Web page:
“It may only take one default to make you a busted flush,” said a market source in conversation with Private Debt Investor this week. It speaks to the precariousness of direct lending funds with relatively few individual loan positions and a return profile that simply doesn’t allow for too many failures before the strategy becomes unattractive.
In the good times that prevailed following the global financial crisis, this potential Achilles heel has gone untested. The covid-19 outbreak has served as a painful reminder that good times don’t last forever.
With many of the established direct lenders now eyeing their portfolios nervously, and funnelling more capital to those in need, less attention is being given to the possibility of doing new deals. This in turn is creating a possible opportunity for newcomers to the direct lending scene, with a couple of stories on our website this week hinting at what may become themes to watch.
One is the continuing growth of “private debt 2.0” platforms. These have typically targeted smaller loans than private debt firms are interested in and that have used technology to quickly and efficiently identify suitable borrowers and built up very large portfolios. Some of these firms, which have often received institutional investment at the company level, are now using those institutional relationships to expand into raising direct lending funds.
One example, which we reported on this week, was the first closing of German platform creditshelf’s debut direct lending fund, backed by the European Investment Fund. The firm says it saw loan requests increase 69 percent in the first quarter of this year compared with the first quarter of 2019 and sees an opportunity to capitalise on both ‘traditional’ direct lenders and banks being preoccupied with existing clients. Up to now, funds raised by the 2.0 firms are few and far between but the likes of Assetz Capital, Funding Circle and October have gone down this route and others may be expected to follow.
One thing that could perhaps stop any advance from technology-focused platforms is their own performance. While hardly their own fault, it’s often pointed out to direct lenders that the efficacy of the model has not been proved through a downturn. Precisely the same point could be made about the technology platforms. We were told by creditshelf it has seen “very normal behaviour” from its borrowers thus far, but there’s no doubt investors will be closely scrutinising the market as a whole.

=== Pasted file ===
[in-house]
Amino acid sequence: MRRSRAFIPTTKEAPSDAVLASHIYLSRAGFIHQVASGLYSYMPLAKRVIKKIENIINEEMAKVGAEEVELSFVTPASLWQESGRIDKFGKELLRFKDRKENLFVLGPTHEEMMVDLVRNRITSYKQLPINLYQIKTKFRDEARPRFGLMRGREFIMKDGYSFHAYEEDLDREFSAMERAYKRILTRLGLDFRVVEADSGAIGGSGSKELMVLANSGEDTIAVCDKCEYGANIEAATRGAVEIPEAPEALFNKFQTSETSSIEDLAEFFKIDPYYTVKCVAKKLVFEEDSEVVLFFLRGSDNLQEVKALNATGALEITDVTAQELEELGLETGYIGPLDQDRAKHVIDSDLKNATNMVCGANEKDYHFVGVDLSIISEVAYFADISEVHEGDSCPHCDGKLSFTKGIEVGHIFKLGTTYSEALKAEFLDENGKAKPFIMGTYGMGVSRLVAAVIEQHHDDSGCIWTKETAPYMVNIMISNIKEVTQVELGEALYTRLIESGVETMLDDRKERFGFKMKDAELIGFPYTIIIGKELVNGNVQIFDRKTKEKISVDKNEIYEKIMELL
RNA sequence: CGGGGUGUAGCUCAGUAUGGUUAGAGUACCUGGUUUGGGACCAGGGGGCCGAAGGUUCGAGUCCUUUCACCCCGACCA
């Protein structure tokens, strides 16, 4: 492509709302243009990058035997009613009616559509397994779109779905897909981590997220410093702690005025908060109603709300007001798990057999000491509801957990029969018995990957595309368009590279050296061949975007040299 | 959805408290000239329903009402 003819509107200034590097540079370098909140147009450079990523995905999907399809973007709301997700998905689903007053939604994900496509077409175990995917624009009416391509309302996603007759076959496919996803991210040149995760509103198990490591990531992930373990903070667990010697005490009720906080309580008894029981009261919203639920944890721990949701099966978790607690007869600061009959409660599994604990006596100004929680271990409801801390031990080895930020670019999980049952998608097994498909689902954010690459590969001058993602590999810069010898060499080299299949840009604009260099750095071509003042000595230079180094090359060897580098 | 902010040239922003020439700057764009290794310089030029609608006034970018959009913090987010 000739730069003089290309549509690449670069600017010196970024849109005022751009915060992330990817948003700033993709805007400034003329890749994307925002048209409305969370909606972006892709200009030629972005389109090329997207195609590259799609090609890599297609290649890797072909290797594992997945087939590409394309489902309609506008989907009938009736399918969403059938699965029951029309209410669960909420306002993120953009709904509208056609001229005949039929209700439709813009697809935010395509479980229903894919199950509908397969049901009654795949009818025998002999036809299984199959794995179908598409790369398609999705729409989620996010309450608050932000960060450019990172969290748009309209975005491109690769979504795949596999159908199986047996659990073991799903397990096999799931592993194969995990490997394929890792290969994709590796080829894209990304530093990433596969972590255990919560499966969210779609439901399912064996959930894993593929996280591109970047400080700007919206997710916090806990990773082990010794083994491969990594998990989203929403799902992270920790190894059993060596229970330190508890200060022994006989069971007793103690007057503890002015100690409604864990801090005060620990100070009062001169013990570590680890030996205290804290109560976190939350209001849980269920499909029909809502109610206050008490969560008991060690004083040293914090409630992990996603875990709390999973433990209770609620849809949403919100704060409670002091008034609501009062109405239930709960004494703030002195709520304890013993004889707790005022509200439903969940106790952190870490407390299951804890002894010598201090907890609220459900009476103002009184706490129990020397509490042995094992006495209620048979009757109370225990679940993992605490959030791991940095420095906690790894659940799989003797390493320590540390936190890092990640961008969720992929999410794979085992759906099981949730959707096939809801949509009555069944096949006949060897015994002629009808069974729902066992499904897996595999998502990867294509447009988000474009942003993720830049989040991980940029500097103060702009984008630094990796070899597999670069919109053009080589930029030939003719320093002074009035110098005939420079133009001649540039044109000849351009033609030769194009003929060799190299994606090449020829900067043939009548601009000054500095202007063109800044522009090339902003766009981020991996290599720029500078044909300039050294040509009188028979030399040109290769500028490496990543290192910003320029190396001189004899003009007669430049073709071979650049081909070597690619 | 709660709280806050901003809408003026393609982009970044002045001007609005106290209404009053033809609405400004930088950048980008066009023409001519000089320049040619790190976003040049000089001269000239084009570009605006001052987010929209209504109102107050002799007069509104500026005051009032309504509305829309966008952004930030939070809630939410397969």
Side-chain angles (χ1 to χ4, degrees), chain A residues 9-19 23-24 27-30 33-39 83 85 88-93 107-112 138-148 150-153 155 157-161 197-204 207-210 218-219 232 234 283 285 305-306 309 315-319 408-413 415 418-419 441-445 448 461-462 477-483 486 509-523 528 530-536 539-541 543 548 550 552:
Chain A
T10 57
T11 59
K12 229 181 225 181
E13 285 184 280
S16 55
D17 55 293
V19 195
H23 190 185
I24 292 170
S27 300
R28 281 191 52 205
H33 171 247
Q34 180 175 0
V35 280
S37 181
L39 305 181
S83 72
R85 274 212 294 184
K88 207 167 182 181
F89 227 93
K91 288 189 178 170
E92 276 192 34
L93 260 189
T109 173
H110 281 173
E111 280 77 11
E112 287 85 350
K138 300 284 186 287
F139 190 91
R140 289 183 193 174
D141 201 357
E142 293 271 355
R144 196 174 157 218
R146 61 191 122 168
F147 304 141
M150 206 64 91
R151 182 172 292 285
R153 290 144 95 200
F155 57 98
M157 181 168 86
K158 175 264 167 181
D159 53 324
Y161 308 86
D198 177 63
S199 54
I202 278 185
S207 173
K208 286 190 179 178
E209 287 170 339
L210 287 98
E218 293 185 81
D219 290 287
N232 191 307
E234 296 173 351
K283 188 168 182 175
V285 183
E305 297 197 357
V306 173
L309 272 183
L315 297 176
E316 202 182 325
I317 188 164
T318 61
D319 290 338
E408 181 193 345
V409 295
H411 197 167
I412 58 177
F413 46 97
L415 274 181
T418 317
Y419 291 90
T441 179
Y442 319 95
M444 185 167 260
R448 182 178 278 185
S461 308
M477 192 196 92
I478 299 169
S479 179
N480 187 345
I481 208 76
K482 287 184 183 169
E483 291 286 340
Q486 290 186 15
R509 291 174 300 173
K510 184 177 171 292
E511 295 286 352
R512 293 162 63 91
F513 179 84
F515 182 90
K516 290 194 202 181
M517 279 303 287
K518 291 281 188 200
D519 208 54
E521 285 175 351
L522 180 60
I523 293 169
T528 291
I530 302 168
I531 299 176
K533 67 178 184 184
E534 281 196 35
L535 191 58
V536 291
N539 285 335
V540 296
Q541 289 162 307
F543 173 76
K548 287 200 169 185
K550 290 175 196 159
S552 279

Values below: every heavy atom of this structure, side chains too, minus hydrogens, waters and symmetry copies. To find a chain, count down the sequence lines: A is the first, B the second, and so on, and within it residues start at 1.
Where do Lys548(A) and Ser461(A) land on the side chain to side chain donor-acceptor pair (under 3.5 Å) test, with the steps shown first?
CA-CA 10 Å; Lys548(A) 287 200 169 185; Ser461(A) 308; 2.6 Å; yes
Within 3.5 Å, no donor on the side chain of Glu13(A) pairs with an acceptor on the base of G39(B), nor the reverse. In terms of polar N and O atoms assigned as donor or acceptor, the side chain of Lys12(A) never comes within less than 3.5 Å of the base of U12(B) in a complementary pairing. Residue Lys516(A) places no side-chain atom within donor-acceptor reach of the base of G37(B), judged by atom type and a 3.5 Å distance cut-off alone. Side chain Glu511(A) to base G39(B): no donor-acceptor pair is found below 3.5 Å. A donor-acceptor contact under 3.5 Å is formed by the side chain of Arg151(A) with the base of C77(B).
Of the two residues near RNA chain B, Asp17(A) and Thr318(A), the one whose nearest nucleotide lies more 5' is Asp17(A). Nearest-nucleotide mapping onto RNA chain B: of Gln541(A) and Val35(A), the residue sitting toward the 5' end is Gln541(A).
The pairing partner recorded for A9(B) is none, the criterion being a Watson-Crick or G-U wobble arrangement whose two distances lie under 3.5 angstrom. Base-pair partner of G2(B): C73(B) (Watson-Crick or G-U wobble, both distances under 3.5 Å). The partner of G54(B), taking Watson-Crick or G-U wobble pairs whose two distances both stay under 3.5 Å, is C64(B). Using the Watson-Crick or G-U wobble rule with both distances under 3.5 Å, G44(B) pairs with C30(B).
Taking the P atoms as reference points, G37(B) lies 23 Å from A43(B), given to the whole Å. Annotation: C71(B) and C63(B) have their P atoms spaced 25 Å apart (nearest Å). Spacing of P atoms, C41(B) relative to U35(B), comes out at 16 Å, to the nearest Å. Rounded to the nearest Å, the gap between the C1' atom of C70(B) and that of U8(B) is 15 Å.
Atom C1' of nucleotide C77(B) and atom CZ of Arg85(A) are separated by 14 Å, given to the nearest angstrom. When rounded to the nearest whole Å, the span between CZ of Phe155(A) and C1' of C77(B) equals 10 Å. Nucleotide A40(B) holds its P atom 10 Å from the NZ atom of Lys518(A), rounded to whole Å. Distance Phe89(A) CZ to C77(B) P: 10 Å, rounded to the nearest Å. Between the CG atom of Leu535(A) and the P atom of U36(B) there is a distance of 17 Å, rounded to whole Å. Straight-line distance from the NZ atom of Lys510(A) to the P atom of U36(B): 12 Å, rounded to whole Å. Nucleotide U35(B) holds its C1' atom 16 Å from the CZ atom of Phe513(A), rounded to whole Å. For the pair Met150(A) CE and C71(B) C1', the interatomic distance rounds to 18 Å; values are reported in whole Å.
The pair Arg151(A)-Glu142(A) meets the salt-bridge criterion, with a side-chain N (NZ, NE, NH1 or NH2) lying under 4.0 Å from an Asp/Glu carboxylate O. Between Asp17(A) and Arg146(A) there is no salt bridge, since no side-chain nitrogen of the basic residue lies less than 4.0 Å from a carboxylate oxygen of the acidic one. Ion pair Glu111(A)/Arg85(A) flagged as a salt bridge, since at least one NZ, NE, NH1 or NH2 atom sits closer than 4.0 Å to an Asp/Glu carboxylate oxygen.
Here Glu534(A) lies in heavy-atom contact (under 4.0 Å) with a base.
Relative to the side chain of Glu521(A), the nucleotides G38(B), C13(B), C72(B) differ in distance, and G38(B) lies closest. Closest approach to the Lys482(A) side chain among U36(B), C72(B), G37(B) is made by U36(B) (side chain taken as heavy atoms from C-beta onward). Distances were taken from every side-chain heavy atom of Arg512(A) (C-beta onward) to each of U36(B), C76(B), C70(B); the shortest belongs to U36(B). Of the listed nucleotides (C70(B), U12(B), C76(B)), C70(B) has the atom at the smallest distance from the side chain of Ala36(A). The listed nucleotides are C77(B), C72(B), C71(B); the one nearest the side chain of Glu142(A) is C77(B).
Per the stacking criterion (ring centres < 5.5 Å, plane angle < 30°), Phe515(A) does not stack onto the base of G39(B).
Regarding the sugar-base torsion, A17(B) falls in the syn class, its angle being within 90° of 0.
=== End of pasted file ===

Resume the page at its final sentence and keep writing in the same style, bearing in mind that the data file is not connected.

The second possible theme is new ‘orthodox’ entrants to the lower mid-market. Over the past few years, the private debt market has seen very few start-up firms as investors stick largely to the tried and trusted. But this week we reported on a first close achieved by newcomer Harwood Private Capital, with half the capital committed by British Business Investments, a subsidiary of the government-owned British Business Bank. One crucial advantage for Harwood is that, with no legacy portfolio issues to deal with, it can focus wholly on new deals.
Of course, a new firm almost certainly will not get backing unless it has an experienced management team. In the case of Harwood, its managing partner, Haseeb Aziz, was doing mezzanine deals at Hutton Collins almost two decades ago and went on to become European head of private debt at HIG Whitehorse.
No one should expect a sudden rush of new players. Nonetheless, Harwood’s arrival on the scene almost seems emblematic of the ‘new normal’ in direct lending where market share appears to be up for grabs.
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